President Donald Trump told a crowd in Florida on Tuesday night that buying groceries requires an identification card.
Trump made the comment while pushing for voter ID laws at a rally in Tampa to support Rep. Ron DeSantis (R-Fla.) in the state’s gubernatorial race. The president touched on a number of his regular talking points, including unemployment rates and tariffs, before talking about voter fraud.
Trump claimed Democrats were attempting to give undocumented immigrants the right to vote.
“Which is why the time has come for voter ID, like everything else,” Trump told the crowd. “You know, if you go out and you want to buy groceries, you need a picture on a card. You need ID.”
President Trump, at his rally in Tampa, is pushing for voter ID laws and said you need to show an ID to buy groceries.(You don't need ID to buy groceries.) pic.twitter.com/7WAs05R4dz
— Liam Martin (@LiamWBZ) July 31, 2018
There is no evidence that noncitizen voting is a widespread problem, despite Trump’s claims. Pressed in court earlier this year to offer evidence of widespread noncitizen voting in Kansas, experts whose work Trump has relied on were only able to point to a handful of cases.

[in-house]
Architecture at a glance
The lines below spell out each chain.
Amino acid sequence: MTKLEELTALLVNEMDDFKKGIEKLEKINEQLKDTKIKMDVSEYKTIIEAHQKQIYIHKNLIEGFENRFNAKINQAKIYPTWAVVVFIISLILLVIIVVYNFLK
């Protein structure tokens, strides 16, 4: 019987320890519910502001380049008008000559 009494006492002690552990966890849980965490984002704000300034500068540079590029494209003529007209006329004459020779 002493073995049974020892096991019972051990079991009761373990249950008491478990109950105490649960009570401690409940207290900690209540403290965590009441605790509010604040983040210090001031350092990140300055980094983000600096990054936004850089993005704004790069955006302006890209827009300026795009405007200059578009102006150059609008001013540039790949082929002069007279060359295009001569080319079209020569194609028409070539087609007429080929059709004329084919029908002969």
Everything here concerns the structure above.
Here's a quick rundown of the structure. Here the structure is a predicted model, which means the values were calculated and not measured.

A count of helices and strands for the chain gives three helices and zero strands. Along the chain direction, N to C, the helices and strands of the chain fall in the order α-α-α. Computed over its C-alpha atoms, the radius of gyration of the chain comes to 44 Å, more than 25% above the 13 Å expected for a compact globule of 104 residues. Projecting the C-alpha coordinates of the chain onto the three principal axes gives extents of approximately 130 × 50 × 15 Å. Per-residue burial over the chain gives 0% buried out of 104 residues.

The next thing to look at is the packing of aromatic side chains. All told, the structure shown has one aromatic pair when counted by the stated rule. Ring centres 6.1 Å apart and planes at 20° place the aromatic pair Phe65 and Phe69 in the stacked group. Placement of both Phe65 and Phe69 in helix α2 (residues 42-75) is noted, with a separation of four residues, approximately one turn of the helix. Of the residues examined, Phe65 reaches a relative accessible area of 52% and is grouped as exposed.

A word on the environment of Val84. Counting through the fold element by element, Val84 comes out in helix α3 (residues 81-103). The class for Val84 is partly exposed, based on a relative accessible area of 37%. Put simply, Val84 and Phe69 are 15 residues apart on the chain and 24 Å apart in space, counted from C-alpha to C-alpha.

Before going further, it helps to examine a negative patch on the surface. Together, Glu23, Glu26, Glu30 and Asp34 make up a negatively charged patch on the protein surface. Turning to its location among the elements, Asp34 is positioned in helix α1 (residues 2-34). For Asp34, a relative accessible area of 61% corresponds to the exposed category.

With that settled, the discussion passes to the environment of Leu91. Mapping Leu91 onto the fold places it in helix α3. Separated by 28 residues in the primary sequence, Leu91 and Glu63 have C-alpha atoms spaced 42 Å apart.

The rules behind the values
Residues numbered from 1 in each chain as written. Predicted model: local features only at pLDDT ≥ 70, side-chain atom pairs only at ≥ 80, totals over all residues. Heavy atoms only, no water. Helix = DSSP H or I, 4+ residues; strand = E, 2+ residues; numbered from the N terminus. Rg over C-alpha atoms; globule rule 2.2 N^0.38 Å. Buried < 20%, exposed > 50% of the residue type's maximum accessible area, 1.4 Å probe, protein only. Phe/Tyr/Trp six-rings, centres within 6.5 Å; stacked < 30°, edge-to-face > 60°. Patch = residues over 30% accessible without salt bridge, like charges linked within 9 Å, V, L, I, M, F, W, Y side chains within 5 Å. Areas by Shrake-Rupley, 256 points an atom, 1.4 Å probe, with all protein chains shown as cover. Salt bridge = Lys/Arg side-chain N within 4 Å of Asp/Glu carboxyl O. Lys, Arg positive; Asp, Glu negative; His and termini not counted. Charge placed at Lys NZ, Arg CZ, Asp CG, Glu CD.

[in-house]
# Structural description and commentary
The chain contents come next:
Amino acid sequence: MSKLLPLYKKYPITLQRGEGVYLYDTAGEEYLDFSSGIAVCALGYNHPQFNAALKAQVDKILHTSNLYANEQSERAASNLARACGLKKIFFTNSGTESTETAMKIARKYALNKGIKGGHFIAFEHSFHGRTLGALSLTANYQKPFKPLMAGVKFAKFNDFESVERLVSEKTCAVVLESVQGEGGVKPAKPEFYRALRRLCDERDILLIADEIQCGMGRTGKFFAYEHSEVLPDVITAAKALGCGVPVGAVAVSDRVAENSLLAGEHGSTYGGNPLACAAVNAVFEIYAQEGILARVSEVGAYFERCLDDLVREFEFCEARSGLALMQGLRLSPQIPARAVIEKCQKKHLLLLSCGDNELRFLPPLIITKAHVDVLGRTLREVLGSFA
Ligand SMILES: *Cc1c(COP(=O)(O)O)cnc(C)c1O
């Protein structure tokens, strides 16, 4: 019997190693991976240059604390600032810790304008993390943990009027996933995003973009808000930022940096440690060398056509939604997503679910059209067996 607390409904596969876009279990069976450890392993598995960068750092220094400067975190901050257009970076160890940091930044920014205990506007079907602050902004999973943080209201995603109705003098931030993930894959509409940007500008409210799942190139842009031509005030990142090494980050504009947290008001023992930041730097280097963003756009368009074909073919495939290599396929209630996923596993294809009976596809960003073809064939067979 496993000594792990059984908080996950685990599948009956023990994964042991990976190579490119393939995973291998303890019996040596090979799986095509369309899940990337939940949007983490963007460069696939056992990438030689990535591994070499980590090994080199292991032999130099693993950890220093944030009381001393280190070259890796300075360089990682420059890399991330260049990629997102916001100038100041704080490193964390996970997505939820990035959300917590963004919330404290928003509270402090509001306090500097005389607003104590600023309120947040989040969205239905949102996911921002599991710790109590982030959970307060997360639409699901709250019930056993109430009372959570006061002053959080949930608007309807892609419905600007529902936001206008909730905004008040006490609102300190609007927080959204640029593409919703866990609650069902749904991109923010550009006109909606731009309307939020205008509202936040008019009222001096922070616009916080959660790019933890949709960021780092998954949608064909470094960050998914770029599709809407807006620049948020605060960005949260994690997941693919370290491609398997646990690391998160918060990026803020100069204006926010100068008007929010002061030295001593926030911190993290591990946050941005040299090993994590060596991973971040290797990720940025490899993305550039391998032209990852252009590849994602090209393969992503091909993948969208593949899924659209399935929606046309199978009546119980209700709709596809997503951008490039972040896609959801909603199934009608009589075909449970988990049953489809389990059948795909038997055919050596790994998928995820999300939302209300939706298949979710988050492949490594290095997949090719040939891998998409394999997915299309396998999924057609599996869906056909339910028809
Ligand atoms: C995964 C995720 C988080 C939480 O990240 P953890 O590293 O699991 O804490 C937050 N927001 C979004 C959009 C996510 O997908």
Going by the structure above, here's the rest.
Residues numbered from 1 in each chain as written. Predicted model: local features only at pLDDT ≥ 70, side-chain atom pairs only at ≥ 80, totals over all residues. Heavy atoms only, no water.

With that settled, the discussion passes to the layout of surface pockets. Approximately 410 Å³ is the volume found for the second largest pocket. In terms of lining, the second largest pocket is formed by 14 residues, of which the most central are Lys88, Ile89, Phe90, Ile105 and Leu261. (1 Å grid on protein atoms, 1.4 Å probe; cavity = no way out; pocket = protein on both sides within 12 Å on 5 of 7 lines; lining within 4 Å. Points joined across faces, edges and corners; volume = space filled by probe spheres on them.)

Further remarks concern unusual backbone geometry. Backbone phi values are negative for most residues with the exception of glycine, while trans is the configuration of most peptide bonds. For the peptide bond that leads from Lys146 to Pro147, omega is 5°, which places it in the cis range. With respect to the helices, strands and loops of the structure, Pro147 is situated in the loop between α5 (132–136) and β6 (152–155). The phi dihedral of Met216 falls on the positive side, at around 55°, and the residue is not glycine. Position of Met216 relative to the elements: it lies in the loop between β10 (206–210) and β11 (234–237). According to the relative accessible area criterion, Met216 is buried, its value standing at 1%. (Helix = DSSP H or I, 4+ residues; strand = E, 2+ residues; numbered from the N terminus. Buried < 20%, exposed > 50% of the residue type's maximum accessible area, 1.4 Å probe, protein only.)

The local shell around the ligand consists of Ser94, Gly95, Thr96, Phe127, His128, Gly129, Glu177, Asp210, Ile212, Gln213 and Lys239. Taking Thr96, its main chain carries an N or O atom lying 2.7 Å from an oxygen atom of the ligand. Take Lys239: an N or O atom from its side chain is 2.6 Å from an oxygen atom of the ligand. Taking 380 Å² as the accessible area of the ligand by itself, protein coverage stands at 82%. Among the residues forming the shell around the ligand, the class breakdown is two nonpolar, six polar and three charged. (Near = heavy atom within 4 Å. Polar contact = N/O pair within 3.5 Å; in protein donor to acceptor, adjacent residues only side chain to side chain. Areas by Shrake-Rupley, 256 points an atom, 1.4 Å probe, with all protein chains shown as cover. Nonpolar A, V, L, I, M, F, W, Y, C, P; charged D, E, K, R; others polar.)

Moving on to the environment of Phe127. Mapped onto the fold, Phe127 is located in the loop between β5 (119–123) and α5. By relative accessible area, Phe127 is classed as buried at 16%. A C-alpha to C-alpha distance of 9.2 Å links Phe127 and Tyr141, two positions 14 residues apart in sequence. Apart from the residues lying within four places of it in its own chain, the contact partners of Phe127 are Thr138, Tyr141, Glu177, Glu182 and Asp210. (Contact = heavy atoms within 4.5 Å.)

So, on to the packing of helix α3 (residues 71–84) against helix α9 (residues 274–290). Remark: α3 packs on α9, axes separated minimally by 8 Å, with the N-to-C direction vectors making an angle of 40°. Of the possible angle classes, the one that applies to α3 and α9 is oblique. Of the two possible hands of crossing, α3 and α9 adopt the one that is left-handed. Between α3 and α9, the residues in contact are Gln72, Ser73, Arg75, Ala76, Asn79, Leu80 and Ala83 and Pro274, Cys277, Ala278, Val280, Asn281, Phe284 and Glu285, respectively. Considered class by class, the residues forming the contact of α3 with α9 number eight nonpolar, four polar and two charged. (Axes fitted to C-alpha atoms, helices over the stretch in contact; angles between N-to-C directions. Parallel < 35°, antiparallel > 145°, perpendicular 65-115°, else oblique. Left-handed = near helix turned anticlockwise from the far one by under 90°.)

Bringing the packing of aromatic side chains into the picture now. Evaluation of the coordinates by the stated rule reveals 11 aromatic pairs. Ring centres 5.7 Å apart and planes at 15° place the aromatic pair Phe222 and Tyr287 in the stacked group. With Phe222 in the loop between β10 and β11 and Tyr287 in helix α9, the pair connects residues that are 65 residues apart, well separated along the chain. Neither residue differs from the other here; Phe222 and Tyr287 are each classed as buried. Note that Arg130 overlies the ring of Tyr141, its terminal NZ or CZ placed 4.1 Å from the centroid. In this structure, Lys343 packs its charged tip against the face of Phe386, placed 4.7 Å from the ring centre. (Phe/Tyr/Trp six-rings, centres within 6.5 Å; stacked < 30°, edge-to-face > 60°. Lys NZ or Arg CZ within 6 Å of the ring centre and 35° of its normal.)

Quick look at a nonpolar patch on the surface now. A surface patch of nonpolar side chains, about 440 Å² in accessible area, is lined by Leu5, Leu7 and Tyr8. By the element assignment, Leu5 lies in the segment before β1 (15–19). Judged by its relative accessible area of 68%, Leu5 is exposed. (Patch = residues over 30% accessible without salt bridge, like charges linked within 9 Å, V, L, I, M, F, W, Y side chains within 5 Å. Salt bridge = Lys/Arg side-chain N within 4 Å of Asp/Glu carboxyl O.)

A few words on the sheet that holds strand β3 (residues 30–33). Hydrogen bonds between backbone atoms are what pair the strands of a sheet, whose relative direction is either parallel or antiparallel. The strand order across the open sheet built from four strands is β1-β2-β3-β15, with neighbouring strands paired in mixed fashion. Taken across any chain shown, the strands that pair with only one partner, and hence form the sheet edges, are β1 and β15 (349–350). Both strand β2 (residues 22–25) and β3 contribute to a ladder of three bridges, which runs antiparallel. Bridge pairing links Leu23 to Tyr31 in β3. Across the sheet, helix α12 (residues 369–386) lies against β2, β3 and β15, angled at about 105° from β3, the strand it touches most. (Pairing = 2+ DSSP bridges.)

To be clear, American citizens do not need a picture ID to buy basic groceries. There are some federal and state regulations that prohibit the sale of alcohol or certain over-the-counter medications without identification, but that does not extend to basic food or cleaning products.
Social media users remarked on Trump’s assertion as “out of touch” and wondered when the billionaire last bought his own groceries.
You need an ID to buy groceries? How out of touch can you be? How much does a loaf of bread cost Trump? Do you know?
— Gayla (@gayla5son) August 1, 2018
— Devon Schwab (@DevonInSpace) August 1, 2018
Trump says you need photo ID to buy groceries in the U.S. That's more out of touch than George H.W. Bush's grocery scanner.
— Jonathan Allen (@jonallendc) July 31, 2018
Trump discussed trade deals and immigration before the Tampa crowd using much of his typical rhetoric.
He once again used the term “globalist,” which is often used in xenophobic and anti-Semitic contexts, to refer to lobbyists fighting against his tariffs. Trump also went after Democrats for their views on immigration, including calls to abolish Immigration and Customs Enforcement.
Trump ended the rally by boasting about the “impact” of his endorsements. He remarked on Brian Kemp’s primary win in Georgia last week in a contentious Republican runoff for governor after he endorsed Kemp.
This story has been updated with information on noncitizen voting.